It has been demonstrated that many animals are co-infected with Lyme disease and Anaplasma phagocytophilum. Dogs with both organisms are far more likely to become severely ill than those infected with only one of the two. The same is true of other co-infections. Toxicity, nutrition and genetics as well as the burden of multi-organism infection are all factors in determining whether or not a dog will develop immunity to the disease organisms or become sick. Antibody titers cannot determine whether a dog becomes sick or not, they only tell us that the dog has been exposed to the disease.

Many people believe that ticks jump onto passing dogs from trees and tall bushes, but most ticks are found on plants under 18” in height. There they wait upside down for a carbon dioxide secreting organism to pass and drop off onto it. Most ticks will therefore be found on the front end of the dog, which is the part they are most likely to encounter. People have reported ticks persisting well into the winter this year, and they can be expected to be active if there is no snow cover whenever temperatures rise over 35 oF. Further disturbing news is that the Lone Star Tick, which as its name implies used to be primarily resident in Texas is now found in virtually all states east of Texas up to and throughout New England. The distribution of other tick species is also expanding. Different ticks serve as hosts for different diseases, and we need to improve our ability to identify the different tick species in our area. We also need to expand our testing for tick borne diseases to include diseases which in the past were ignored.

Lyme disease goes hand in hand with the deer population. When settlers pretty much eradicated the white tailed deer, they also saw virtually no ticks. The white tailed deer population is soaring so is that of the tick. Other factors are at play though. Ticks acquire the spirochetes of Lyme disease from blood meals taken as larvae and nymphs from small mammals, most often the white footed mouse. In Florida, instead of mice most larvae and nymphs get that blood meal from lizards that do not host the spirochetes. So despite the burgeoning populations of deer and ticks in Florida the incidence of Lyme is only about 20% of that in states with similar deer densities where mice are the preferred snack. Another interesting fact is that humans are primarily infected by ticks in the nymphal stage, much smaller than the adult, which is also pretty small, and explaining why so few people know they were bitten by the tick. Dogs, OTOH, are almost always infected by the adult tick. How long it takes for the tick to infect the dog is unclear, but it is probably less than 40 hours, much faster than we used to believe.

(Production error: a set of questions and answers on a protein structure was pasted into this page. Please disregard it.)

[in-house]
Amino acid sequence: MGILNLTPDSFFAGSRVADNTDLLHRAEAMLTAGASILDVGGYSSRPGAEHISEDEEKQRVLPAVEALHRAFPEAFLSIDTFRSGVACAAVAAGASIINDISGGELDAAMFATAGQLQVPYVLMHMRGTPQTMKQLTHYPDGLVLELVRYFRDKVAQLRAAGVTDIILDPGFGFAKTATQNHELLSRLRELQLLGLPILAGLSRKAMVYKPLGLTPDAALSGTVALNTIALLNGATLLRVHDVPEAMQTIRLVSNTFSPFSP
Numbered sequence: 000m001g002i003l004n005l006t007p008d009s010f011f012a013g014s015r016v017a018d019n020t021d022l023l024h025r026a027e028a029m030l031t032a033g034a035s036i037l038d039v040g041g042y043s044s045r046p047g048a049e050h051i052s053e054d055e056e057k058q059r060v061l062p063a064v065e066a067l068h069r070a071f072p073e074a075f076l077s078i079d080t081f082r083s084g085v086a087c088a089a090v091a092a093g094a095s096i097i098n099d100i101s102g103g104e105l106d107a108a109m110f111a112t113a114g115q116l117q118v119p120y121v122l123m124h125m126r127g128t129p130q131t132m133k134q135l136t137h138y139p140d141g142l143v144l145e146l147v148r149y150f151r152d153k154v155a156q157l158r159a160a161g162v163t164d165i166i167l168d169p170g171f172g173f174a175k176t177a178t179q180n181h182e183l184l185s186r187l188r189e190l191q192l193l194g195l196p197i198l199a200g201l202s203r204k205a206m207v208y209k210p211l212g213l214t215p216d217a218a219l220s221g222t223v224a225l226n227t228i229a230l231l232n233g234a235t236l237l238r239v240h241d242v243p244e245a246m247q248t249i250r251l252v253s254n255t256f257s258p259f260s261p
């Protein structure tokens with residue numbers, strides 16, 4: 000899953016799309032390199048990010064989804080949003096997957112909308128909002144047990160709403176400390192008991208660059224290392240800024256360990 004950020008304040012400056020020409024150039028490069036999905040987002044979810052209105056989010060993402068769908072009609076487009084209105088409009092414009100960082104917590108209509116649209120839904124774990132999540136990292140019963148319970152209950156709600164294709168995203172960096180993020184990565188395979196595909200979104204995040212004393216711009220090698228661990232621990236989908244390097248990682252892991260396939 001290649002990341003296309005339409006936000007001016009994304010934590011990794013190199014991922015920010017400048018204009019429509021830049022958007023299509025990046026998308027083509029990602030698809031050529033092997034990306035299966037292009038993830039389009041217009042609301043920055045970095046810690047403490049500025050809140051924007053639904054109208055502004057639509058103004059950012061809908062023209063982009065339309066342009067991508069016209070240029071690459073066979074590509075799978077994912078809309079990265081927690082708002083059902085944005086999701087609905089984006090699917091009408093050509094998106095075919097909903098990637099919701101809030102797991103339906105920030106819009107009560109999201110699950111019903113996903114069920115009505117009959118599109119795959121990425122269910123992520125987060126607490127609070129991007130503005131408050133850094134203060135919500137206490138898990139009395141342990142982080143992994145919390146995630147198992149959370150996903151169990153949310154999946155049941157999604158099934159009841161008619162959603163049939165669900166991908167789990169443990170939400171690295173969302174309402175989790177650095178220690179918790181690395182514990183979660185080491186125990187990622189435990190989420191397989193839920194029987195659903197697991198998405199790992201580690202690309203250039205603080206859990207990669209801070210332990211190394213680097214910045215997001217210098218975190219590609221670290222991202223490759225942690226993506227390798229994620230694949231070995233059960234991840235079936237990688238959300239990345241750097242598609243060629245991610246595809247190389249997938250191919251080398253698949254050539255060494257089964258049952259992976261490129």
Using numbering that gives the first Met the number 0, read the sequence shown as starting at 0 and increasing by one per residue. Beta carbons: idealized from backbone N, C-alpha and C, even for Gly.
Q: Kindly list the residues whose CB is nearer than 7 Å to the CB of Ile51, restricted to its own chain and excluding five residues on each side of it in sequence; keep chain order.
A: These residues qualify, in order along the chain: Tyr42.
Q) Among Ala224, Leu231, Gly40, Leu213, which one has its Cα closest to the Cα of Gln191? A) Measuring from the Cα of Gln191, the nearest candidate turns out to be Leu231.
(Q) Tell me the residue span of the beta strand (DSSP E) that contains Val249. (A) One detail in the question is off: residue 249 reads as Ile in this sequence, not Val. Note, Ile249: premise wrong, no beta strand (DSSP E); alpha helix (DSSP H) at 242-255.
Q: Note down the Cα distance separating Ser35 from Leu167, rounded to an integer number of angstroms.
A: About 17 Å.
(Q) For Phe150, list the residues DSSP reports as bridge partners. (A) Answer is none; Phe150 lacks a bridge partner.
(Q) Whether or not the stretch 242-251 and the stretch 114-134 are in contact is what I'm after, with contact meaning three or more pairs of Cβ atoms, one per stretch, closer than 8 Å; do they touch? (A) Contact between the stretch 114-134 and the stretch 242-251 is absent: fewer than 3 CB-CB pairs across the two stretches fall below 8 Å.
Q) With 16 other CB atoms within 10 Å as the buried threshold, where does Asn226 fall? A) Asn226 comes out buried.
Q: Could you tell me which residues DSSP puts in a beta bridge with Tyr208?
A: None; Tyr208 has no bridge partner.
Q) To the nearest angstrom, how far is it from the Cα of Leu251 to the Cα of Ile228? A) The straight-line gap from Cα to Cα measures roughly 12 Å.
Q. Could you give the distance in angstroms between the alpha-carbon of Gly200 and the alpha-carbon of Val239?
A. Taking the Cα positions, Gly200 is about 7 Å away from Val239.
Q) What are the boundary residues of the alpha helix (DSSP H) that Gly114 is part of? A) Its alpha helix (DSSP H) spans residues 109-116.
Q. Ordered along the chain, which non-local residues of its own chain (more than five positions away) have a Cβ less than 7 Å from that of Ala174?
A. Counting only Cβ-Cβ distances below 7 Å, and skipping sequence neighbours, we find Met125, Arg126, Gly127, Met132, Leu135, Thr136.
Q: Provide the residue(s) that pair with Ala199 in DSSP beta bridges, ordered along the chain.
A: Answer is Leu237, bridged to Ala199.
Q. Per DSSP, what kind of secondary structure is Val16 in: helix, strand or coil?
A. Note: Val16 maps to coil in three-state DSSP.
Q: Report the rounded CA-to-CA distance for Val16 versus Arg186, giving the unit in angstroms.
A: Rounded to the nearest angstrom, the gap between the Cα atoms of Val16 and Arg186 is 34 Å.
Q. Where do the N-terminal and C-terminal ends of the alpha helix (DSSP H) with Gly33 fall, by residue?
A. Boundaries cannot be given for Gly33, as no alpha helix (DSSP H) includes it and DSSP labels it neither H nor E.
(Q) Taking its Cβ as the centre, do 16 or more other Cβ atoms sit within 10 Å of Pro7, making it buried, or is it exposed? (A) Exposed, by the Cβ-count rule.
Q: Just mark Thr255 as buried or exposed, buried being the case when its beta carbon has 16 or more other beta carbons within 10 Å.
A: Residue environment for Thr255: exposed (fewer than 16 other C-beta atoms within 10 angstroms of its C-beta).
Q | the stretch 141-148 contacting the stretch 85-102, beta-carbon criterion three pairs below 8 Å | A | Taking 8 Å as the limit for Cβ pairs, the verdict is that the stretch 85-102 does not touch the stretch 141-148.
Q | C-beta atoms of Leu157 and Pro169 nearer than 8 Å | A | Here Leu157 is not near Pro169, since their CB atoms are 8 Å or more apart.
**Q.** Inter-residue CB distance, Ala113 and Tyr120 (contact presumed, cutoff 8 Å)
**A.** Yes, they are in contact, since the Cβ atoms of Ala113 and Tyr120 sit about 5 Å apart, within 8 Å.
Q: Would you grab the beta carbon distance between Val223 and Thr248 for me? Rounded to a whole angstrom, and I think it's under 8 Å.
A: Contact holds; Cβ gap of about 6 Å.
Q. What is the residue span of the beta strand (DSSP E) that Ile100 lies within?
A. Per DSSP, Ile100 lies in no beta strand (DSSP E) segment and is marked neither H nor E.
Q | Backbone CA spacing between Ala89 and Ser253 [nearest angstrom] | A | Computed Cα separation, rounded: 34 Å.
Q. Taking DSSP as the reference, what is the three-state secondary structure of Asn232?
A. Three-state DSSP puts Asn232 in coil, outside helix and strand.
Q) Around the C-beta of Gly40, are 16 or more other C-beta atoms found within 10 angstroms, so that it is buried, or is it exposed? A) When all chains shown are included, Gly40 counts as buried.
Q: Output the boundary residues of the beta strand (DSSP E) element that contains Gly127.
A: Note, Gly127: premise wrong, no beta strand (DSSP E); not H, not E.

Dr. Breitschwerdt likes to quote Voltaire: “Doctors put drugs of which they know little, into our bodies of which they know less, to treat disease of which they know nothing at all.” We have made a little progress since the 18 th century, but we still have a long way to go.



PON Digest would like to extend a grateful thank you to Dr. Aronson for allowing the use of her articles.